Imagine Mukuru Lunga Lunga slum being at the heart of an international art project.
That’s exactly what we found when we made our way through Nairobi’s Industrial area to Lunga Lunga road, and onto what one can hardly call a road.
But the rocky, circuitous path to Wajukuu Art Centre was the only way to see Kenyan, Swiss, and Venezuelan artists at work, preparing for their group exhibition that opens February 10 and will run for three weeks.
“Matza Edgelands Nairobi: Digital Informalities” is the name given to this fascinating collaborative project, curated by Severin and Anja Wyden Guelpa.
The Swiss couple, who founded Matza in 2019, have their eyes on seven cities, not just Nairobi, as they investigate how local communities are transitioning into the 21st ‘digitalized’ century in a world still caught up in old analogue ways of thinking, working, and being.
The artists have all been attending a three-week residency at the Wajukuu Artists Collective where they have been immersed in intense discussions about both the theory and practice of digitalization and its impact locally.
“The theoretical side of the residency involved a week of brainstorming and exchanging ideas about digitalization and how it is impacting local communities, especially in terms of security and freedom,” Severin told BDLife.
Explaining how they had heard about the Wajukuu Art Collective and its founder Shabu Mwangi as they were considering who to collaborate with in Kenya, Anja said they met him in Germany after hearing he was there, participating in the Documenta 2022 Festival.
“We had already planned to go to Documenta [one of the largest art fairs in Europe], so we went and met him there.”
The Wajukuu artist residency and the ‘Digital Informalities’ exhibition came out of that initial encounter.
“We had been thinking about starting our own residency program, inviting artists to come and stay with us for a month,” Shabu said. “So, their suggestions were perfectly timed.”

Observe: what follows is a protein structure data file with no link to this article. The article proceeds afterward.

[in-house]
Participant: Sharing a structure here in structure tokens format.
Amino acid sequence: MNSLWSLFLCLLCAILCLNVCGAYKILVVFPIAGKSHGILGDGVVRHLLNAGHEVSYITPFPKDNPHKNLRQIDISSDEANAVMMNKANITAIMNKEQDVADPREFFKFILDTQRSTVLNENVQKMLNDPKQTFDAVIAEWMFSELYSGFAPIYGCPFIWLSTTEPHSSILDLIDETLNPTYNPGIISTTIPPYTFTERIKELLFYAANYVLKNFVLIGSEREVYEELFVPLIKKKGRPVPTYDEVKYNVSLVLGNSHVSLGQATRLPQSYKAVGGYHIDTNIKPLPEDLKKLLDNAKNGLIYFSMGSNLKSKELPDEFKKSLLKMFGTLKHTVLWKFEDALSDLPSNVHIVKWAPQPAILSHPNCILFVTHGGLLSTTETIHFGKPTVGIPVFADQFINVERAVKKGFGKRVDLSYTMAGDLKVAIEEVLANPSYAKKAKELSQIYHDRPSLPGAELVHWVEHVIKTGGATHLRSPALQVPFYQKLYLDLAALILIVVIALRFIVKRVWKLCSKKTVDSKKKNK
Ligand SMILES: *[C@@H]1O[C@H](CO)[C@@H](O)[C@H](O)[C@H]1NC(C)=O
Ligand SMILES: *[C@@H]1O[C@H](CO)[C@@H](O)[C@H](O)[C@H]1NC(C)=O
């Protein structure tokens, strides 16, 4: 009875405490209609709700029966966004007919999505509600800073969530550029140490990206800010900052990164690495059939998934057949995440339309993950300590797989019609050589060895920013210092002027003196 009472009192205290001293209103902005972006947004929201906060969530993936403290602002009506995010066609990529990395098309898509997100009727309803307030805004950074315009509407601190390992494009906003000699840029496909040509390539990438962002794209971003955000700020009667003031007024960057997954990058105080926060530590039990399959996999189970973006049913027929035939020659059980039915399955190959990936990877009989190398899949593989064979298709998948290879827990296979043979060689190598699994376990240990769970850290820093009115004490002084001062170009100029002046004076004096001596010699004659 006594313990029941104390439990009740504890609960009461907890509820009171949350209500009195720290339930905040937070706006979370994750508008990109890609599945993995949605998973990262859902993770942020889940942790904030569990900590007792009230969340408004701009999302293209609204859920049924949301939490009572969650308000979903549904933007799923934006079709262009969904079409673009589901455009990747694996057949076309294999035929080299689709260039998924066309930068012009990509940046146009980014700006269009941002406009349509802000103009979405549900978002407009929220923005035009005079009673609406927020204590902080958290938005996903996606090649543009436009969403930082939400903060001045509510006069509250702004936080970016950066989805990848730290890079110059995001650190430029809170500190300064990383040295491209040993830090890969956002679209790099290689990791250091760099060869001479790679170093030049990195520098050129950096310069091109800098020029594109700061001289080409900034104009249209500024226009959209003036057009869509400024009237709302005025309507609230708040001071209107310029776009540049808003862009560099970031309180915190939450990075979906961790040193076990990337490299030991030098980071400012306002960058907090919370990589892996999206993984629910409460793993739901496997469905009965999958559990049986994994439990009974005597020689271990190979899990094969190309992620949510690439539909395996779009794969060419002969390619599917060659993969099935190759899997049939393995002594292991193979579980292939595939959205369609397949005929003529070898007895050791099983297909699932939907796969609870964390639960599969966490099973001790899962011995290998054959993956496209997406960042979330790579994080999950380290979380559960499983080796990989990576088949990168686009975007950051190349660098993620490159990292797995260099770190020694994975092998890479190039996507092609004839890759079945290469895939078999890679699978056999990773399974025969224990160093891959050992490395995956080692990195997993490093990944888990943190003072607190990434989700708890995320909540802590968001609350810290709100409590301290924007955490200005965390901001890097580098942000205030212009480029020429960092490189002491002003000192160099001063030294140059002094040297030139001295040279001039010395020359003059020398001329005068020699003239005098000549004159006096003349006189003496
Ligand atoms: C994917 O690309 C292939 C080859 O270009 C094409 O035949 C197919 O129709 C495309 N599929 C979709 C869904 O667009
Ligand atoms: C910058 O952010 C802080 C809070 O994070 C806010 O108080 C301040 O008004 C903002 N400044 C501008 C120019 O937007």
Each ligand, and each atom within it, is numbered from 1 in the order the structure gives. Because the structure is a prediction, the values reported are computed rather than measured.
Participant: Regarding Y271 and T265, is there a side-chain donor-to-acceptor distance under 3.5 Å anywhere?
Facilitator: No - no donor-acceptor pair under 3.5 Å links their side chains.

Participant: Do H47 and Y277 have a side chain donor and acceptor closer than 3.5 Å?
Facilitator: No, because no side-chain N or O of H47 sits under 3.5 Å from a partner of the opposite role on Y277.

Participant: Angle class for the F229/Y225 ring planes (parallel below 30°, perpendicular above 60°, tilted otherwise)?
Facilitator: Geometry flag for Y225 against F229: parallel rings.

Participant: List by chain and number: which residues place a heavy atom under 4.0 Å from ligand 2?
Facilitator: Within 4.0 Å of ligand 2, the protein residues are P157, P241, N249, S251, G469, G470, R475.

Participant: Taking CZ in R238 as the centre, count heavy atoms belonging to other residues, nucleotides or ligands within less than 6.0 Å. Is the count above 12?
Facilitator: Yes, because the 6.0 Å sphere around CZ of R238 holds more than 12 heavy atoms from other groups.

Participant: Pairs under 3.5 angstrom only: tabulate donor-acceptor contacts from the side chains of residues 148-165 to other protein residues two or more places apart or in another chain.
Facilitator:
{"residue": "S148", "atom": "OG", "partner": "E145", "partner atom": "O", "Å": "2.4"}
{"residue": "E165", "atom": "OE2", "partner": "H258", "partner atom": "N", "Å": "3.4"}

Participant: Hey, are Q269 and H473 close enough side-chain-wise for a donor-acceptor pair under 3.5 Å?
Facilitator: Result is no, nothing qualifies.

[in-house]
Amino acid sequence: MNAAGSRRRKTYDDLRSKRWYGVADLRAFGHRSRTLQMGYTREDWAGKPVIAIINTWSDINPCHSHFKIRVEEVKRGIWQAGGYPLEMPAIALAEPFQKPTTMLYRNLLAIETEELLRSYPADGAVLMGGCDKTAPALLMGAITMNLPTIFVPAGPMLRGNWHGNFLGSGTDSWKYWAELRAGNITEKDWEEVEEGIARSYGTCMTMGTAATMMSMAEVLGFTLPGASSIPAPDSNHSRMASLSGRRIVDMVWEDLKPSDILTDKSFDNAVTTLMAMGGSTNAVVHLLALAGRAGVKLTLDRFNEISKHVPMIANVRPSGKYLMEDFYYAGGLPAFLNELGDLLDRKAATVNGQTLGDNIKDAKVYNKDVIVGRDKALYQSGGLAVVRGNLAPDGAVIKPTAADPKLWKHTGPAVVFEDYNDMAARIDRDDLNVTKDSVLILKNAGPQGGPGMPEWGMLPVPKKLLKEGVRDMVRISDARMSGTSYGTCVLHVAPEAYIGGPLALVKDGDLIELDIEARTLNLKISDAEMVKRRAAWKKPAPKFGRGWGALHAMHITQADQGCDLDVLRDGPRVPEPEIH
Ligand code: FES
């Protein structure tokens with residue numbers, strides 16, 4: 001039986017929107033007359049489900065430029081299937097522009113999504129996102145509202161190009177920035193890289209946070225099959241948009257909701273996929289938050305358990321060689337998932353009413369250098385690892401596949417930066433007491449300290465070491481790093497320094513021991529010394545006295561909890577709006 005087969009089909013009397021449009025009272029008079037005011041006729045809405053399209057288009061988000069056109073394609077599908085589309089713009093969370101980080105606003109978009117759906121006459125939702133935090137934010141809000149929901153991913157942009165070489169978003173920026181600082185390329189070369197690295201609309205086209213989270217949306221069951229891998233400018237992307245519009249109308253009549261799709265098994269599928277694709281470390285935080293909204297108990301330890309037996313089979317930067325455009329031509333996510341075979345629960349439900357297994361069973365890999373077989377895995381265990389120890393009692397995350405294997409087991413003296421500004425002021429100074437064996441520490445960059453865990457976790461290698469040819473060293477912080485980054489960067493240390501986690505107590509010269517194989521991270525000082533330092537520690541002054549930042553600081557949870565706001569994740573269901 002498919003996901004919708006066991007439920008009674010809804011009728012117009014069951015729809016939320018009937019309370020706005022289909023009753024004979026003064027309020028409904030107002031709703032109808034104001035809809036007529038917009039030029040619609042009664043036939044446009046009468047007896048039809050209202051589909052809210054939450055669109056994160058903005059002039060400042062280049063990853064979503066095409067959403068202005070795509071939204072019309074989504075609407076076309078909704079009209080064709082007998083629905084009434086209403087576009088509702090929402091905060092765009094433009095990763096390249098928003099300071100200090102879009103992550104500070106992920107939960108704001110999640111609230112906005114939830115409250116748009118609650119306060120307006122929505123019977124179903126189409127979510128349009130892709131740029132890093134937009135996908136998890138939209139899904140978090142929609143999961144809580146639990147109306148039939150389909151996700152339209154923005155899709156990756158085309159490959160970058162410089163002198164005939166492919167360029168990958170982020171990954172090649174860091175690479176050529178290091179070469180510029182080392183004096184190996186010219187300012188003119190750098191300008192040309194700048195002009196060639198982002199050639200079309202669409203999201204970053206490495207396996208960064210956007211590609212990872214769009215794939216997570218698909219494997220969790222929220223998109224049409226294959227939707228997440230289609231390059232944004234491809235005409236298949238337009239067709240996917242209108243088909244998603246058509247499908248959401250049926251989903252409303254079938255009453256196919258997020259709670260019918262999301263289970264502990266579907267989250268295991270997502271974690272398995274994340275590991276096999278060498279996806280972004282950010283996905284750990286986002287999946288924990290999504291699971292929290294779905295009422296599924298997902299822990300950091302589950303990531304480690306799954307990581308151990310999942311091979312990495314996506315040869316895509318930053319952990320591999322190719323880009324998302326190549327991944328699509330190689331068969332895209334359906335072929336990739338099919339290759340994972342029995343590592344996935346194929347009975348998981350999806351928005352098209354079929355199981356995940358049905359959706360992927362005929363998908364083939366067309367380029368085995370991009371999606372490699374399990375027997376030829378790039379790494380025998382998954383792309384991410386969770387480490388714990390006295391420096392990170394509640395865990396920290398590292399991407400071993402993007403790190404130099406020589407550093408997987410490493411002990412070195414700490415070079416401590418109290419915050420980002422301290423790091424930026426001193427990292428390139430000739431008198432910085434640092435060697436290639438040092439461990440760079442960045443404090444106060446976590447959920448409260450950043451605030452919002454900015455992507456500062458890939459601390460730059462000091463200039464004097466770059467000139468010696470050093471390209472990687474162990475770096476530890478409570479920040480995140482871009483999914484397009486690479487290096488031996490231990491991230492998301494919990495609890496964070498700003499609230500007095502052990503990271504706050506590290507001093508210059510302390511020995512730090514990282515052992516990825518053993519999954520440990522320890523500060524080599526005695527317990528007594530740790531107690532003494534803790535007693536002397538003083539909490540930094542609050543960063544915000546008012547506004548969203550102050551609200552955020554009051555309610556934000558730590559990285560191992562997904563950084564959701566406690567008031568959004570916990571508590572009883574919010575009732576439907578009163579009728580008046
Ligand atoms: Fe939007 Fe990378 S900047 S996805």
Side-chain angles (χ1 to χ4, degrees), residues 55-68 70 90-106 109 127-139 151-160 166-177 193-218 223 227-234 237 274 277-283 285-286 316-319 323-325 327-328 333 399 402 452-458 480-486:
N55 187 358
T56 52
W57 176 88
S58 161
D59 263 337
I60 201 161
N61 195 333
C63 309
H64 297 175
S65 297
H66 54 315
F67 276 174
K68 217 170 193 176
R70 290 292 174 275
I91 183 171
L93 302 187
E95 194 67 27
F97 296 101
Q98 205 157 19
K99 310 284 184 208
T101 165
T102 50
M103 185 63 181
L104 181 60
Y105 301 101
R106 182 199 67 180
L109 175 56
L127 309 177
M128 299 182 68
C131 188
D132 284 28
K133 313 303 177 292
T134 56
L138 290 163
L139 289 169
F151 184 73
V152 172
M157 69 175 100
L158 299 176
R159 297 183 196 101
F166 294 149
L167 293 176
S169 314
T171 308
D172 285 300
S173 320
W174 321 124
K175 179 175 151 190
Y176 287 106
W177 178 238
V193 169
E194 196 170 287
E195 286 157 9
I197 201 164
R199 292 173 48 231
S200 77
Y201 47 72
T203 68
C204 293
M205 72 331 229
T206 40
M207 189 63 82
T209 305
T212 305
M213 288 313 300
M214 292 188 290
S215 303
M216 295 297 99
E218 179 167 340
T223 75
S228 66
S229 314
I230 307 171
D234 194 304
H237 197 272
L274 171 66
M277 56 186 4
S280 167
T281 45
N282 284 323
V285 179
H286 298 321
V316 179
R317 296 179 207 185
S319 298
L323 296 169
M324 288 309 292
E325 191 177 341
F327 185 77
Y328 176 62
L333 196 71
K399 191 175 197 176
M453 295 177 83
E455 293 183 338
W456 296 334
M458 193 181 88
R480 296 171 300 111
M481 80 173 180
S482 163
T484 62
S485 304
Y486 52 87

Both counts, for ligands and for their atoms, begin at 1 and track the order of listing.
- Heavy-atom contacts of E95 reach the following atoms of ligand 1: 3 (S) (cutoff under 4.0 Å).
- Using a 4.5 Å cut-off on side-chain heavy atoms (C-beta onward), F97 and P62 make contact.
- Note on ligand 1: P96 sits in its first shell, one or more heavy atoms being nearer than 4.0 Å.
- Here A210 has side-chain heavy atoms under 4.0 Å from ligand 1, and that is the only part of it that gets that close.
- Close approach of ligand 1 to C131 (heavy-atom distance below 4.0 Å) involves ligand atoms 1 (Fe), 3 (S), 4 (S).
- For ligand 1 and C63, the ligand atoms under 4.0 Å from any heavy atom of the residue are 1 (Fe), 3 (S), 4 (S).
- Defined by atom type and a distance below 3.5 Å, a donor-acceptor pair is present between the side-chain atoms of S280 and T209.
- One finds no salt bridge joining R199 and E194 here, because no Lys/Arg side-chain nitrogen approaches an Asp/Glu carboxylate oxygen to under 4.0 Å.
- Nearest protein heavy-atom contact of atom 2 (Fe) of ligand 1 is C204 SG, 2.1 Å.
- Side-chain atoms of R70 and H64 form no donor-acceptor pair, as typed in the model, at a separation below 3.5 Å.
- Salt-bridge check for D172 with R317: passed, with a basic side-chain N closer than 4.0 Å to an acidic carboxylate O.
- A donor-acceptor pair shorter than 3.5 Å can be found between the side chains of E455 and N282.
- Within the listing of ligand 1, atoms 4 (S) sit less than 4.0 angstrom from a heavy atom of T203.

In fact, the original idea derived from the Edgeland Institute whose founder had been part of a two-year exercise initiated by Harvard University.
“Harvard had, shall I say ‘incubated’ the project to investigate how digitalization has impacted local communities,” Severin said.
“They called on the Edgeland Institute to implement the project, and Edgeland invited us to collaborate with them,” he added.
The other cities where these issues will be addressed are Medellin, Columbia, Beirut, Lebanon, Singapore, Chicago, USA, and Geneva, Switzerland.
The day I went to Wajukuu, the artists had just completed the first week of the residency, so they were just beginning to implement the ideas generated during the brainstorming.
Among the eight artists and architects attending the residency, five are Kenyan. They are Joan Otieno, Wanjiru Ngure, Nabalayo, Ngugi Waweru, a cofounder of Wajukuu, and Shabu himself.
The others are Ronald Pizzoferrato from Venezuela, Mounir Ayoub, originally from Tunisia but now Swiss, and Flurina Rothenberger, from Switzerland, like Severin and Anja.
The day I made it to Mukuru Lunga Lunga, I found Joan Otieno busy constructing a ‘Safe house’ for girls and single mothers, seven of whom were already helping her work. She was in the process of building a rondavel-like ‘hut’ big enough for girls to come and feel safe.
“We’ll be building the safe house with mabati (corrugated iron),” said Joan who hopes she can get new metal sheets for the house.
“Then, after the show is over, I’ll be coming back here and teaching them skills in recycling, just like what I do with vulnerable young women and girls at Warembo Wasanii [in Korogocho],” she added.
I was also able to see Shabu who said he’s concerned with environmental issues.
“I’m in the process of making a video on the [filthy] condition of the Ngong River,” he told BDLife. The river which is covered on both sides with filthy plastic bags runs right in from the Wajukuu Art Centre where most of the visitors have stayed.
The exhibition included organized ‘guided tours’ around the settlement to see the artists’ works this Saturday after the exhibition opens.
All of the artworks are meant to address issues of security, freedom, and the trust required for a community to “thrive in a world marked by digitalization.”
“Wajukuu already has a number of projects aimed at improving the quality of life in the community,’ Joseph Kimani said. “I know because I’ve been part of the Wajukuu Children’s Art Club since I was 7,” he added. “Now I’m 27!”